Another oddity was that Lufthansa (i.e., the Western-based entity) was banned from flying to Berlin-West: according to international law the city was not part of the Federal Republic of Germany, even though Federal Germany treated it as such in practical terms. But of course, according to international law, Berlin wasn't in East Germany either, although, in order to get to the Western sectors, Western airlines had to fly in designated East German air corridors to the city's airports. (Berlin-Schoenefeld naturally did not participate in the famed Berlin Airlift of 1948/49, being in the then Soviet-occupied area of Germany.)
East Germany, in the sense of the German Democratic Republic, may thus be an entity of the past...but what remains is very real: eastern Germany. When I flew to Berlin-Schoenefeld, the airport was obviously used by Polish travellers who had driven from the west of their country, who were treating it as their local airport. It is hard to think how German people who have lived most of their lives in the east of the country and have developed an outlook by which they relate to neighbouring Poland and the Czech Republic, can suddenly be expected to adopt, e.g., political priorities borne of the Ruhr area's economic links with Benelux and France. When people speak of an Ossi (easterner) 'mentality' which may be harder to breach than the Berlin Wall, this is partly in reference to the past ideology of the former German Democratic Republic. But Berlin-Schoenefeld's proximity to the Polish border serves a lesson that basic geography also has much to do with any reality which may inhere in a perceived Ossi 'mentality'.
Schoenefeld, the Brandenburg community in which the airport is situated, is actually twinned officially with Bayangol, in Mongolia. Oh, of course, western Germans may interject, this must be a throw-back from former communist days, when local politicians felt affinity with ideological fellow-travellers in the former Soviet Bloc! Well, not exactly. In actual fact, this official twinning arrangement dates from 1999, which was nearly a decade after the two Germanies were united. Western outlook? Hardly.
Eastern, if not East, Germany is here to stay.
Also worth visiting
Brandenburg Gate (Brandenburger Tor ), Berlin (distance: 22 kilometres), historic structure which formerly marked the frontier between East Germany and Berlin-West, opened by the East German authorities in December 1989.
The Reichstag building, Berlin (distance: 22 kilometres), the restored old Parliament building now part of the Bundestag (Federal Parliament) complex.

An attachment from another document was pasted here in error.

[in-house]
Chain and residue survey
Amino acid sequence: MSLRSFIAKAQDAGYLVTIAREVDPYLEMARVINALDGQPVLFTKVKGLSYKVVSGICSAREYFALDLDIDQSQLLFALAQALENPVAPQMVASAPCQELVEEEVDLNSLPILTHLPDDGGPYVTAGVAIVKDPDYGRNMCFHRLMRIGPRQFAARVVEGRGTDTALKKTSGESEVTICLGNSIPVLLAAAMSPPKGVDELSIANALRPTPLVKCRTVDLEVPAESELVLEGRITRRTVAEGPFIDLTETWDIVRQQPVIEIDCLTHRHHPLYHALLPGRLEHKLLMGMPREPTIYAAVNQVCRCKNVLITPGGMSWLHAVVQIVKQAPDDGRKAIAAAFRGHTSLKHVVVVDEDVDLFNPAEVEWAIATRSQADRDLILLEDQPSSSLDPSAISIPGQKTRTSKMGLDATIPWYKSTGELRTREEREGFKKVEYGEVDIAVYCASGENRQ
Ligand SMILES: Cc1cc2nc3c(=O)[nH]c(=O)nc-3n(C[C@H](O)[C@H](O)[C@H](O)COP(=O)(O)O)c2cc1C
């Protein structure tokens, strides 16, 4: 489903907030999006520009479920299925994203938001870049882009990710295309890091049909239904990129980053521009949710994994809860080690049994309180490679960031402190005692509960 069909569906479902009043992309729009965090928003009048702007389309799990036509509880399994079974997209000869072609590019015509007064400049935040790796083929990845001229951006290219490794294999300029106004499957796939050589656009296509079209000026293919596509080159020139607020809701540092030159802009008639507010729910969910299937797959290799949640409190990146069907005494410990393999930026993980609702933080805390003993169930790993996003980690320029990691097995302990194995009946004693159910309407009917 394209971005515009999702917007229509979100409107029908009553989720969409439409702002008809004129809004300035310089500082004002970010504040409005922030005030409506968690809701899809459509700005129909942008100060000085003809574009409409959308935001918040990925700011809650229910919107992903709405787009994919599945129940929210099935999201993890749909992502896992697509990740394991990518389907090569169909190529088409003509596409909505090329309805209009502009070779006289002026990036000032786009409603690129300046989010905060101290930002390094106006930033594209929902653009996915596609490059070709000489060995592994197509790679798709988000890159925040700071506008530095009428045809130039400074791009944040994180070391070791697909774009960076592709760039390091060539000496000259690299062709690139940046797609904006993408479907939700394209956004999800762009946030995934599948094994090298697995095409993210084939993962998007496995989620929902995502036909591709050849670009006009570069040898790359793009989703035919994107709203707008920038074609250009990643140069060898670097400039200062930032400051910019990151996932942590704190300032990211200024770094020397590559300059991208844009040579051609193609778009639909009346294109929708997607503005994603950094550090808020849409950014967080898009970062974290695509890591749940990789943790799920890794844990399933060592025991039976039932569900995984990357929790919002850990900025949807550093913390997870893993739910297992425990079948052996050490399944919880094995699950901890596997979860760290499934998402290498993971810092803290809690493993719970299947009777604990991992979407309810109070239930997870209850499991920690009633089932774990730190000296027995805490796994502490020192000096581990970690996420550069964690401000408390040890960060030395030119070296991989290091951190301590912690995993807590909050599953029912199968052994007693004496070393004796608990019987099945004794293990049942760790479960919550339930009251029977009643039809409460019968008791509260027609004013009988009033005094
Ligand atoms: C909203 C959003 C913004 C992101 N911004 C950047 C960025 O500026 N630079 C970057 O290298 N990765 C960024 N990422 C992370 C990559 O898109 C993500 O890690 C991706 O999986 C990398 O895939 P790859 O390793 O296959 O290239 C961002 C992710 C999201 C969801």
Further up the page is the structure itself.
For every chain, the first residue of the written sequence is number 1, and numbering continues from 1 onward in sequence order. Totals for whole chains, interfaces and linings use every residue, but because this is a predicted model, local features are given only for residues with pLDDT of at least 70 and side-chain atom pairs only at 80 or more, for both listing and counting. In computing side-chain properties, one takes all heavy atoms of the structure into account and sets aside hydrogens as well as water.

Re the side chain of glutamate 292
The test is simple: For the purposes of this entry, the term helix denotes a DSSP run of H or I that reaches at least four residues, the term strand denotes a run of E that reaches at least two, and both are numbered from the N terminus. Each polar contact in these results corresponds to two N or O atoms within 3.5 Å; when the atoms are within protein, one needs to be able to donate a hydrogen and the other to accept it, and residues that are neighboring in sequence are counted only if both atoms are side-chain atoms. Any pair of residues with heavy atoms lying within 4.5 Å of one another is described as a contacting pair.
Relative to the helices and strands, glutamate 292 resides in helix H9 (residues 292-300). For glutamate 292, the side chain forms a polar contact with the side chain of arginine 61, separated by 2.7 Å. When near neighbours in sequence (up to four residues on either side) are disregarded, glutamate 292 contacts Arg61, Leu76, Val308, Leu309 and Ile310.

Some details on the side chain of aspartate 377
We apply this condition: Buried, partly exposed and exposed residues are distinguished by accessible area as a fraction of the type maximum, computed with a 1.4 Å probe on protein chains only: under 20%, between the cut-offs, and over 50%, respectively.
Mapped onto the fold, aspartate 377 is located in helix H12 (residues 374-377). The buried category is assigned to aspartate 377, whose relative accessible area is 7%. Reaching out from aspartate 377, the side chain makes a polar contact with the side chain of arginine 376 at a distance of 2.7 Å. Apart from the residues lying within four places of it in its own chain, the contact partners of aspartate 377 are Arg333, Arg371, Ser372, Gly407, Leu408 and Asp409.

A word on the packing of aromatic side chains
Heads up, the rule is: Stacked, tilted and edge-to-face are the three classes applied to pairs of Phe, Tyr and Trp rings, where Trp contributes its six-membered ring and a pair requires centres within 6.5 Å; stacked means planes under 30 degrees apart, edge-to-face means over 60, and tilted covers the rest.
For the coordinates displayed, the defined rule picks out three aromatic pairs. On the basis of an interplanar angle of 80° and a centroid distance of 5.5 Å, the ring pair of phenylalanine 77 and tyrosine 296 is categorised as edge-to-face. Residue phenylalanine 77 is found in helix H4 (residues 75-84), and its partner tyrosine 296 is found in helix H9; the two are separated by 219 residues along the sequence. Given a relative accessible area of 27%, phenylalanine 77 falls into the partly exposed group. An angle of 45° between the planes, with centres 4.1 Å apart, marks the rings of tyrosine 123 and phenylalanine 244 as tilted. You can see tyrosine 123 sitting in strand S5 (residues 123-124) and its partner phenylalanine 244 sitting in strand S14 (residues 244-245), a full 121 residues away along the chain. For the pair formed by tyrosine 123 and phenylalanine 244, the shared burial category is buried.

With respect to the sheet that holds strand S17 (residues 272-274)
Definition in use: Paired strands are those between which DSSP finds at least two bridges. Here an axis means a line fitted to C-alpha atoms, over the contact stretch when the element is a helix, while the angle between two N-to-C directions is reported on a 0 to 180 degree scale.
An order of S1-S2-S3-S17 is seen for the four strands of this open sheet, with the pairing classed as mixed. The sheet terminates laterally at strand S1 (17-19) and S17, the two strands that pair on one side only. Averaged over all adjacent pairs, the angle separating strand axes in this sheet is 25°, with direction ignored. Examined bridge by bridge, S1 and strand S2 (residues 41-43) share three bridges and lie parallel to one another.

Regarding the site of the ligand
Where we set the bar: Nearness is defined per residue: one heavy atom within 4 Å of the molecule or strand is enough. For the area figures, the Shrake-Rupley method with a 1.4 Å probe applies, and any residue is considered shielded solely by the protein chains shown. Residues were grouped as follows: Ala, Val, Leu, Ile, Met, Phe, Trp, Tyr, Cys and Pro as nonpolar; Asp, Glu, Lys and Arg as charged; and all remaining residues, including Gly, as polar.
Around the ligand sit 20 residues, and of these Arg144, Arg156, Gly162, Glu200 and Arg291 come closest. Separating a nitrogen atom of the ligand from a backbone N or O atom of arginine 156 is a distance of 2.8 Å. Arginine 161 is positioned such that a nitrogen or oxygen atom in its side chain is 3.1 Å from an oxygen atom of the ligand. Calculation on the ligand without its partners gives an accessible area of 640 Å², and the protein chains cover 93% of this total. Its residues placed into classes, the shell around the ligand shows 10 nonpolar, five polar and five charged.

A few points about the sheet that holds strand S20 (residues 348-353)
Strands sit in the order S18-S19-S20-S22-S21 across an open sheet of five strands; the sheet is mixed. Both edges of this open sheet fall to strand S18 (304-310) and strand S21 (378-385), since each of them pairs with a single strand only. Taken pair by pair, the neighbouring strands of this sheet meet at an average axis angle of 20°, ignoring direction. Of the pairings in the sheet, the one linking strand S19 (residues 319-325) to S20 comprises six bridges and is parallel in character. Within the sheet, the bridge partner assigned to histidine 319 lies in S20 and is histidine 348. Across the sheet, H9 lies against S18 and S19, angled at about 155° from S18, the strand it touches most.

Humboldt University of Berlin (Humboldt-Universitaet zu Berlin ; distance: 22 kilometres) is one of the world's great academic institutions, founded in 1810.
Berlin Cathedral (Berliner Dom ; distance: 22 kilometres), is a massive, domed landmark, just off Unter den Linden .
The TV Tower , Berlin (Fernsehturm ; distance: 23 kilometres), the tallest structure in Germany. The Tower was previously seen as a symbol of the German Democratic Republic, and is still regarded as a symbol of Berlin.
Potsdam (distance: 51 kilometres), has historic palaces. It was the scene of the far-reaching Conference, which bears its name, between the United States, the Soviet Union and Great Britain in 1945.
Frankfurt an der Oder (distance: 83 kilometres) has a noted Gothic-style City Hall; its Friedenskirche is a church with twin spires which are a local landmark. The city was the scene of a Swedish battle victory in 1631 over forces of the Holy Roman Empire.
Slubice , Poland (distance: 85 kilometres) has the noted 'NMP Krolowej' church, with its distinctive tower.
How to get there: Continental Airlines flies from New York Newark to Berlin Tegel Airport (Flughafen Berlin-Tegel ), where car rental is available. For North American travellers making the London, England area their base, easyJet flies from London-Gatwick to Berlin-Schoenefeld Airport, where car rental is available. Please check with the airline or your travel agent for up to date information. Please refer to appropriate consular sources for any special border crossing arrangements which may apply to citizens of certain nationalities.
MJFenn is an independent travel writer based in Ontario, Canada.